Net Metering 3.0: What California Residents Must Know
Are you considering going solar in California? Then you need to know about Net Energy Metering 3.0 (NEM 3.0) and how it can impact your solar journey.
So let's delve into the key aspects of NEM 3.0 and understand what it means for homeowners who want to switch to solar energy in the Golden State.
Net Metering 3.0 Explained
When your solar panels generate power, that power is used to run your household appliances first. And then, any excess power that is not immediately needed is fed to the electrical grid. These excess kilowatt-hours (kWh) going into the grid are known as exports.
1996 - 2016: Under California’s original net metering policy, solar system owners received a one-to-one credit for each kilowatt-hour (kWh) of excess electricity they exported to the grid. So if you gave the grid 1 kWh, you got 1 kWh back from the grid later, at no charge.
2016 - 2023: Under NEM 2.0, a one-time interconnection fee was introduced as well as Time-of-Use (TOU) rates that varied based on peak, off-peak and shoulder periods of the day. While these changes had an impact on the cost per kWh, it wasn’t drastic, and esports were still credited at high rates.
2023: With NEM 3.0 coming into effect on April 15, the export rate for residential solar electricity was reduced from an average of 30 cents per kWh to 8 cents per kWh, a significant 75% difference! Export crediting now follows a complicated schedule based on the time of day. For example, the cost is higher during peak evening hours in the summer, but lower during off-peak times.
Here is a breakdown comparing NEM 2.0 to NEM 3.0:
|NEM 2.0||NEM 3.0|
|Solar Export Rates||$.30+/kWh||$.08/kWh|
|Interconnection Fee||$75-$150 one-time fee||$10-$15 per month|
|Battery System Use||Self-consumption and backup||Self-consumption and backup|
|Lifetime Savings on Solar||$10,000-$40,000||$3,000-$10,000|
|Estimated Payback Time||4-6 years||8-10 years|
How NEM 3.0 Came Into Effect
Back in August 2020, the California Public Utilities Commission (CPUC) proposed and initiated a reform of NEM 2.0. The following year, on January 13, the solar industry and consumers fought back. Roughly 3,000 solar consumers, faith leaders, environmentalists, climate activists and solar industry workers joined forces to rally outside the doorsteps of the CPUC offices in San Francisco and Los Angeles. This was the largest solar demonstration in American history!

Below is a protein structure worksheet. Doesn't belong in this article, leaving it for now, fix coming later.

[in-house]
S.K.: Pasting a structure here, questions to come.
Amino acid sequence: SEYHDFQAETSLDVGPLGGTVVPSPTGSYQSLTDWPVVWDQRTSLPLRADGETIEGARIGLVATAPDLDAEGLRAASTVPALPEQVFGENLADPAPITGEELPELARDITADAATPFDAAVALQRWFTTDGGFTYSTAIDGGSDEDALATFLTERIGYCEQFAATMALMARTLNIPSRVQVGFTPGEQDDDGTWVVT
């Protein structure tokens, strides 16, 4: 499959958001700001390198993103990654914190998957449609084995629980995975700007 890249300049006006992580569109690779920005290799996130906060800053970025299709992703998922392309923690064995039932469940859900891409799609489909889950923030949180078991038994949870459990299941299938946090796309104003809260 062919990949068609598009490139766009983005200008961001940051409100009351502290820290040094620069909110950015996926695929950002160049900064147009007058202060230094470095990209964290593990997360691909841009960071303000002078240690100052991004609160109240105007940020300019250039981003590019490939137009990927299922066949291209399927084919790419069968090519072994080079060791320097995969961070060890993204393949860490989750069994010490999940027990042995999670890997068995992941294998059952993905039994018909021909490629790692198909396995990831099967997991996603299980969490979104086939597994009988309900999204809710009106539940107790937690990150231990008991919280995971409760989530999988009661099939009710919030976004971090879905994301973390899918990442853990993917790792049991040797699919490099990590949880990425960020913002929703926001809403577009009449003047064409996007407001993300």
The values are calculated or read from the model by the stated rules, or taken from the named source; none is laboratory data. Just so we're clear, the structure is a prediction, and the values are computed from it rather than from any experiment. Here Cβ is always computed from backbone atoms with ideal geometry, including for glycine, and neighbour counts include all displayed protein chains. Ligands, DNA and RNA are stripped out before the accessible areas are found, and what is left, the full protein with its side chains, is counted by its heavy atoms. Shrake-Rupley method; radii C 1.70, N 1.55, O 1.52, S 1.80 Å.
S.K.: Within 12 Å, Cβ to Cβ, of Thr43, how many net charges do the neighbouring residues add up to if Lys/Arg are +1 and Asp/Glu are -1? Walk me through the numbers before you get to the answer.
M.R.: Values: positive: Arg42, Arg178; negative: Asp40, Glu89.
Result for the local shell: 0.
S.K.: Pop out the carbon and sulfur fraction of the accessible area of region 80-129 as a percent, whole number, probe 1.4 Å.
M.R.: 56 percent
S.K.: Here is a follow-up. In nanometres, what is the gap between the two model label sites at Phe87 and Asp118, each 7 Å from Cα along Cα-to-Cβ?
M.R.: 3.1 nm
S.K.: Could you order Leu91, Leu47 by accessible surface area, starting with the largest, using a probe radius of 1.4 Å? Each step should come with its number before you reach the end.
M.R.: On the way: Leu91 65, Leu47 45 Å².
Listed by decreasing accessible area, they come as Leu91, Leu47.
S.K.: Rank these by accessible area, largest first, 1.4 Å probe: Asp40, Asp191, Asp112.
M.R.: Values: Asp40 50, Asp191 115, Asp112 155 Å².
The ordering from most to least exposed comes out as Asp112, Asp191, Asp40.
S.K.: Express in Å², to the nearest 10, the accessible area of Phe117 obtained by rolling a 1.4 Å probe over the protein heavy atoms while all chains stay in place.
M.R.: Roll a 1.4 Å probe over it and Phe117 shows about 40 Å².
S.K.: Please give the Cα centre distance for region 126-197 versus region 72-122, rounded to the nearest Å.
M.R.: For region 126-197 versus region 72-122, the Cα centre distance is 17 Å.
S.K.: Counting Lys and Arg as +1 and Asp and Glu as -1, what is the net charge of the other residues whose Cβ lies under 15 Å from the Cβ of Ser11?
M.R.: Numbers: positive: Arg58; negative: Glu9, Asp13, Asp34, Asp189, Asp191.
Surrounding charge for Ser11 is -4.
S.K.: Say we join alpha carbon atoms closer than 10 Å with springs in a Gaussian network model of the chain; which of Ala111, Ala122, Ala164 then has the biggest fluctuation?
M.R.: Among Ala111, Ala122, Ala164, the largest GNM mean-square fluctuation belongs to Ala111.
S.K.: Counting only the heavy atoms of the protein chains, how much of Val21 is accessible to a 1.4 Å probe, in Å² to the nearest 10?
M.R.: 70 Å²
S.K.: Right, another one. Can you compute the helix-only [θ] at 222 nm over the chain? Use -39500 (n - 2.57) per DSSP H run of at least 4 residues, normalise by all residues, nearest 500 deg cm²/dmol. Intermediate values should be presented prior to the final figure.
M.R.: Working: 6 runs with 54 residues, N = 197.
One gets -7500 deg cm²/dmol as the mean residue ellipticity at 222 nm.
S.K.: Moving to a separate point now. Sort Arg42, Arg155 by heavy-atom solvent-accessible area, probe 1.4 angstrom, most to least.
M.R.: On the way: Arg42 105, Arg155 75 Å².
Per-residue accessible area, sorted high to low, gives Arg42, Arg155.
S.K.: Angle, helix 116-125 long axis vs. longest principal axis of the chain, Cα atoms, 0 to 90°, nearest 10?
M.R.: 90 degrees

GoGreenSolar team members were present at the rally in Los Angeles, fighting for consumers’ rights to generate their own power from the sun without unfair taxation.
The large turnout at the rally caught the attention of State officials. The CPUC re-wrote the NEM 3.0 policy. While the new rules did reduce the incentives for installing solar, there was still enough payback to make solar worthwhile.
On December 15, 2022, this new net metering 3.0 policy was put up to a vote and passed unanimously. NEM 3.0 officially went into effect on April 14, 2023.
What to Do If You’re a California Resident Considering Solar
Installing a solar energy system can still make economic sense under the NEM 3.0 rules. The key is to avoid exporting your solar power to the grid. This means installing a smaller system and/or adding batteries.
Install a smaller solar system: If you install a system that offsets 75% of your usage, you will not be backfeeding as much power to the grid compared to a system that offsets 100%. You will still have a little bit of an electric bill but you will have a better payback on your solar investment.
Add batteries: Another way to avoid feeding power to the grid is to install solar batteries. This way you can store the excess power generated during off-peak times when the export rate is low. And then you can use this stored energy or sell back to the utility company during peak times when electricity rates are high.
FAQ about NEM 3.0
This new net metering policy raised a lot of questions, so let’s answer some of the most common.
How does NEM 3.0 affect commercial solar?
Commercial export rates did change, but not as much as residential. Depending on your electric rate, it is still possible to achieve a 7-year payback time on your investment into solar power.
Is NEM 3.0 retroactive?
No. All residents who currently have solar under the NEM 2.0 rules are grandfathered on those rules for 20 years from their original interconnection date.
Does NEM 2.0 transfer to new owners?
The net metering agreement is tied to the meter number, so if the home is sold, the new owners can continue to operate under the NEM 2.0 rules until 20 years from the date the system was originally installed.
Is going solar worth it under NEM 3.0?
Yes. If you do it right. Installing a smaller solar might be more cost-beneficial. Also, adding the right amount of batteries can make a difference on payback. And last, a DIY installation can cut your costs in half!
How much is the NEM 3.0 connection fee?
The interconnection fee for the new net billing is $10-$15 per month.
The Bottom Line on Solar Under California’s NEM 3.0
Don't navigate this complex landscape alone. GoGreenSolar is here to be your trusted guide throughout your solar journey. With our expertise and deep understanding of the industry, we can provide personalized advice and help you choose the right solar system. From evaluating the financial benefits to navigating policy changes, our team is dedicated to ensuring your transition to solar power is smooth and successful.
Take the first step towards a greener future and reach out to GoGreenSolar today.